We should celebrate the arrival of mountain lions in New England. Vermont has done so by putting the face of a catamount on its license plate. The Massachusetts Division of Fisheries & Wildlife has taken a step in the right direction by stating that “a large cat would be safeguarded under state statute — a welcome visitor, like any other indigenous animal (other than threat situations).”
Acknowledgement of mountain lions in their jurisdictions will be the next step for all of the New England wildlife agencies. I’m not optimistic that it will happen soon. Some states have sent officers to tracking schools in Wyoming or exchanged personnel with western states to learn firsthand about pumas. Others have circled the wagons. Money and manpower are issues.
The odds of this apex predator surviving and reproducing along the coast in Maine, Connecticut and Rhode Island or in the rolling hills in southern Vermont or New Hampshire are much better than in the hinterlands of New England. Abundant resources make these locations a predator’s paradise. And you don’t have to be one of the puma illuminati to figure this out.
Bill Betty is a Richmond, R.I., resident.
Patriots don't always come in military uniforms. Sometimes they wear no uniforms at all, or just the fluorescent yellow vests of road-maintenance crews, the uniform of a platoon of patriots in Vernon, Conn.'s deteriorated Rockville section. No place could need them more. A special edition of the old Rockville Journal from July 1898 called the little city "progressive and prosperous" and described its bustling factories, magnificent public and private buildings, and civic and business leaders.
Of course, today the factories that remain from that era are either decrepit hulks or have been converted to apartments. Many of the magnificent other buildings that remain are creaky and crumbling, having not gotten the necessary maintenance after a century of wear. The same with much of the ordinary housing, many of whose occupants are impoverished, the children among them fatherless.
Parts of Rockville might not look out of place in Haiti. Enter Ken Kaplan, owner of Rockville Construction Co. and a motorcycle fancier who has been renovating one of the old factories as a motorcycle museum, implausible as it seems.
He has assembled the Rockville Construction Volunteer Community Service Team, two dozen people and growing, who meet weekly to clean up the neighborhood under the general supervision of the mayor and police and public works departments -- removing litter, abandoned cars and discarded furniture; erasing graffiti; repainting; straightening street signs; and, maybe most important, showing that someone is home and not demoralized.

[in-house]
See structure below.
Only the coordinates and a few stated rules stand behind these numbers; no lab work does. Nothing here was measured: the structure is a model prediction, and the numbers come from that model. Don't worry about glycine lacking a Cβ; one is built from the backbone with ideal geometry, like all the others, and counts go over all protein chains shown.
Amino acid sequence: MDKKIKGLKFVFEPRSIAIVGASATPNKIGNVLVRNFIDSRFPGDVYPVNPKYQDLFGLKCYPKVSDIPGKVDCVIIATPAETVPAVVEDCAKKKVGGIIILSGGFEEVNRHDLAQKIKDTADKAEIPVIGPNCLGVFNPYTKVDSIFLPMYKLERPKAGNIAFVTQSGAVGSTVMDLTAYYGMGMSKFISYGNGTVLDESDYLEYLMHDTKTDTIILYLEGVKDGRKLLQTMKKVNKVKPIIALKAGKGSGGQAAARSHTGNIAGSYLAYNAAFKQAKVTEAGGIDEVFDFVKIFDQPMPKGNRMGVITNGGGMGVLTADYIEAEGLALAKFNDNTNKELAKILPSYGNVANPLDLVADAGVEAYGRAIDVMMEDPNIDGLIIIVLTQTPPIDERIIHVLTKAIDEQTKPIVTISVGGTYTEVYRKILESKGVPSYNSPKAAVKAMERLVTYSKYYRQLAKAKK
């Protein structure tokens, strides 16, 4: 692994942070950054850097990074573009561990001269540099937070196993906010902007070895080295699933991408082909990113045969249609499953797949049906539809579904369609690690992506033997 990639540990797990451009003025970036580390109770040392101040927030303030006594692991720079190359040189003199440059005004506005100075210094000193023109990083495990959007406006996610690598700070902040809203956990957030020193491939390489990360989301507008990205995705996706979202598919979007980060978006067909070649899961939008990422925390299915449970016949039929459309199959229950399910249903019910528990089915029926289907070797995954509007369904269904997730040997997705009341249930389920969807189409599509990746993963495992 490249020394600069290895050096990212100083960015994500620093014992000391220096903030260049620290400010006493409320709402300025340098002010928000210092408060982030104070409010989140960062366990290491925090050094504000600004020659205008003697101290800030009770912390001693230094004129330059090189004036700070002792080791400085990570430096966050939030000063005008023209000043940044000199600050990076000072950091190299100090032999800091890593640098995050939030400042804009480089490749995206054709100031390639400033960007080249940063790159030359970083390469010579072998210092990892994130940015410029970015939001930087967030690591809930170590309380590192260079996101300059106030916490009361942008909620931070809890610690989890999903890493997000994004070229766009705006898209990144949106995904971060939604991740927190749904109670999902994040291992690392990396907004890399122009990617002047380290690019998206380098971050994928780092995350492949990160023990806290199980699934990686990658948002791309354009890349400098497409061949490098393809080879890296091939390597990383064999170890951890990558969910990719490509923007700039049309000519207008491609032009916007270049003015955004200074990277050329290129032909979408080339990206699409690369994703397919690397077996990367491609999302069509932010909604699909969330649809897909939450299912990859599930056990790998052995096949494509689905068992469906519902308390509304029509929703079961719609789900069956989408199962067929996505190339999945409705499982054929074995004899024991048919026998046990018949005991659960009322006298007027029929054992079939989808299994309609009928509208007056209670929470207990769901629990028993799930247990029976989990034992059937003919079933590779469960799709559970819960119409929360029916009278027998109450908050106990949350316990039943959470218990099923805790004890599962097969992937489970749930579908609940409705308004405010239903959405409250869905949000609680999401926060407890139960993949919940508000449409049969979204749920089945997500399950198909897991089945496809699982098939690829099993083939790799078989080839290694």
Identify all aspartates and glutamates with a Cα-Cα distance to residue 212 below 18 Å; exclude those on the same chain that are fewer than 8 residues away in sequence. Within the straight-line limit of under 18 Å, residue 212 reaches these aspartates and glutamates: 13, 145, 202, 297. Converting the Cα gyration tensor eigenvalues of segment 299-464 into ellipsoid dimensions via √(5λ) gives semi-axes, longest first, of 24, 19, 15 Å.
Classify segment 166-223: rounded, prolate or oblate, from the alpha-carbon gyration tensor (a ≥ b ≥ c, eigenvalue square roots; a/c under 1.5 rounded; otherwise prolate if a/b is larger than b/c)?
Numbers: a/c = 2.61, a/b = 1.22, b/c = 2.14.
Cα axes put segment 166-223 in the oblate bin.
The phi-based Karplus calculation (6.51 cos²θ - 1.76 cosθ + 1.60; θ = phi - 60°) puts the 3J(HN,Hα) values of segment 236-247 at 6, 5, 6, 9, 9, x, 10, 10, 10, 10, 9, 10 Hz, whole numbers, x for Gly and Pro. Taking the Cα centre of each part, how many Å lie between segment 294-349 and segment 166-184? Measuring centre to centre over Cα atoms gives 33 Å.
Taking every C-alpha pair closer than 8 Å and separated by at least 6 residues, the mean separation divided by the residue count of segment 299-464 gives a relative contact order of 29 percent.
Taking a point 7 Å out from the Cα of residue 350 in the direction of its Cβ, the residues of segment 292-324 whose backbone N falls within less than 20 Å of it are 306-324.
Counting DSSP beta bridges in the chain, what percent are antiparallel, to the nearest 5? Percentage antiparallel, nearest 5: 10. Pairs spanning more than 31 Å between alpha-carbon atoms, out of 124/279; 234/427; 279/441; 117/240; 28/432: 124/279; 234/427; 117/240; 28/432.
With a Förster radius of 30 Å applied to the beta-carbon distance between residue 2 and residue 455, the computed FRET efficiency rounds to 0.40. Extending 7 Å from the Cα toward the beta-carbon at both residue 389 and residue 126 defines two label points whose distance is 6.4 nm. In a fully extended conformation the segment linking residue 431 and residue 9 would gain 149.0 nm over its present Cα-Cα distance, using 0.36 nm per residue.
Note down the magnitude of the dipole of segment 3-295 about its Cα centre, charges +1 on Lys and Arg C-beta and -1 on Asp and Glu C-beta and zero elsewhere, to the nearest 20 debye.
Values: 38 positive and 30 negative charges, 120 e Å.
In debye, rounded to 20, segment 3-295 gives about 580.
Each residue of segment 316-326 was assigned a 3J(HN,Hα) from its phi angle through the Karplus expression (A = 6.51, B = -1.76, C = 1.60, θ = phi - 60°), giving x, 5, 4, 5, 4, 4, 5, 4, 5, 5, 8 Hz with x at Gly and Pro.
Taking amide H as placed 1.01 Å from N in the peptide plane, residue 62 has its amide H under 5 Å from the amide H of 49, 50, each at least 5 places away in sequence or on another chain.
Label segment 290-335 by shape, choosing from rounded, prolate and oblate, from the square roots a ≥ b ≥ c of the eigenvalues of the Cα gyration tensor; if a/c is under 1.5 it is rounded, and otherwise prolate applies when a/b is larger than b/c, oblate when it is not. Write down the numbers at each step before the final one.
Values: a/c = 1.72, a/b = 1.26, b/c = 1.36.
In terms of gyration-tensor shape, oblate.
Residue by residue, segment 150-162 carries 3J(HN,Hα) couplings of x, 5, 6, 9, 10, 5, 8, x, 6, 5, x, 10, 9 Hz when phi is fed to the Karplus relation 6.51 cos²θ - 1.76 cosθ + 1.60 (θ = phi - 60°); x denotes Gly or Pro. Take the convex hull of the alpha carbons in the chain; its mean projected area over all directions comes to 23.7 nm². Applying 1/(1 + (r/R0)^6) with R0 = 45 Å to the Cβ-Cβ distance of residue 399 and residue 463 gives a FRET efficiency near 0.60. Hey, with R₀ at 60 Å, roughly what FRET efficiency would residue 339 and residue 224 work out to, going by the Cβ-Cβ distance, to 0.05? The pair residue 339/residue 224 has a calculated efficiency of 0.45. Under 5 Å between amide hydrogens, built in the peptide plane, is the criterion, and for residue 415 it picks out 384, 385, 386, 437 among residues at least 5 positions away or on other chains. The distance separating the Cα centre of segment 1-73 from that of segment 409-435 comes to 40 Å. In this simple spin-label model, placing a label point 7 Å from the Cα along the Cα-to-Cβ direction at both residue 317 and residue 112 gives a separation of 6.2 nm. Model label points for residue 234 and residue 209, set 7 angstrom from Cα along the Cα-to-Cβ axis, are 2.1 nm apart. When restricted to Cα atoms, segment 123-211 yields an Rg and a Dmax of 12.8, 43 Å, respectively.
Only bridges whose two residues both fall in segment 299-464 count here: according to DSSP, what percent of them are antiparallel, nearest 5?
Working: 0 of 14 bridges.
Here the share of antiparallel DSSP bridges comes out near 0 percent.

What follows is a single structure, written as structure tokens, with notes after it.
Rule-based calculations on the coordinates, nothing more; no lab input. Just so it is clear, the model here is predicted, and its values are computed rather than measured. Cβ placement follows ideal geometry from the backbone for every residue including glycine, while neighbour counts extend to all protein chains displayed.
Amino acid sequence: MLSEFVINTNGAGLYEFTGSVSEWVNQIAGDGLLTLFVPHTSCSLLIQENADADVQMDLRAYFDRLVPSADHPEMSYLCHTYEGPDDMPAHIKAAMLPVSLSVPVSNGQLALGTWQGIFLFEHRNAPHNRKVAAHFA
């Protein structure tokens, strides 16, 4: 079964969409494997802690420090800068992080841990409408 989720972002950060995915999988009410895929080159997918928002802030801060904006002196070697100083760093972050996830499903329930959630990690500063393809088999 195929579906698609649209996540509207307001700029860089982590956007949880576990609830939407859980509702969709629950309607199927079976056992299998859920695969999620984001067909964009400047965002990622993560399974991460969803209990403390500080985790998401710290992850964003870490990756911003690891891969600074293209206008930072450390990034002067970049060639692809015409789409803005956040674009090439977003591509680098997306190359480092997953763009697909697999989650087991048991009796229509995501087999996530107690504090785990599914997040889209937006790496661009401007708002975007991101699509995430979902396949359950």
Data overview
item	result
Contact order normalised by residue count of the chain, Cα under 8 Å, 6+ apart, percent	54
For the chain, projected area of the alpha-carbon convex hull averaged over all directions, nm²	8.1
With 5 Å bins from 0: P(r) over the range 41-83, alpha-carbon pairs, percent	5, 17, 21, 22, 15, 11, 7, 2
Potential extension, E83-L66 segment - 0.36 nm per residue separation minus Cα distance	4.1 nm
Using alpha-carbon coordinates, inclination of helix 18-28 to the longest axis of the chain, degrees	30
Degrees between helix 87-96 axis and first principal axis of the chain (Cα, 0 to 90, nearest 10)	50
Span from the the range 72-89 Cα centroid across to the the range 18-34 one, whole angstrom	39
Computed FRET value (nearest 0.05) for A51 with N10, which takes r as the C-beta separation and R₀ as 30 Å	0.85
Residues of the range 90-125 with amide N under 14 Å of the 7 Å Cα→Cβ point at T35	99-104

"I love Rockville," Kaplan says. "I see a lot of beauty in this community…. I see not what it is but what it's going to be…. It's a beautiful little town, and if you give it the love and attention it needs, it's going to be amazing."
This may be dismissed as mere local boosterism. But no one should dismiss it without first climbing to the observation platform of the War Memorial Tower, 72 feet above Henry Park on Fox Hill, and looking north over the old city. (In the summer the tower is open Wednesdays from 6 to 8 p.m. and Saturday and Sunday from 1 to 4 p.m.) From that height, amid the spectacular landscape and remnants of a glorious past, the peeling paint doesn't show but the potential does.
Of the work already done by the volunteers, Kaplan says, "If we can accomplish what we did with 24 people, imagine what we could do with 250."
Yes -- if, if, if. ... And yet, as G.K. Chesterton argued in Orthodoxy, written a century ago, when Rockville was still "progressive and prosperous," it has happened -- and exactly as Kaplan imagines it. There were slums back then too, such as the Pimlico section of London, about which Chesterton was writing. They only inspired him as well:
“Our attitude toward life can be better expressed in terms of a kind of military loyalty than in terms of criticism and approval. My acceptance of the universe is not optimism; it is more like patriotism. It is a matter of primary loyalty. The world is not a lodging-house at Brighton, which we are to leave because it is miserable.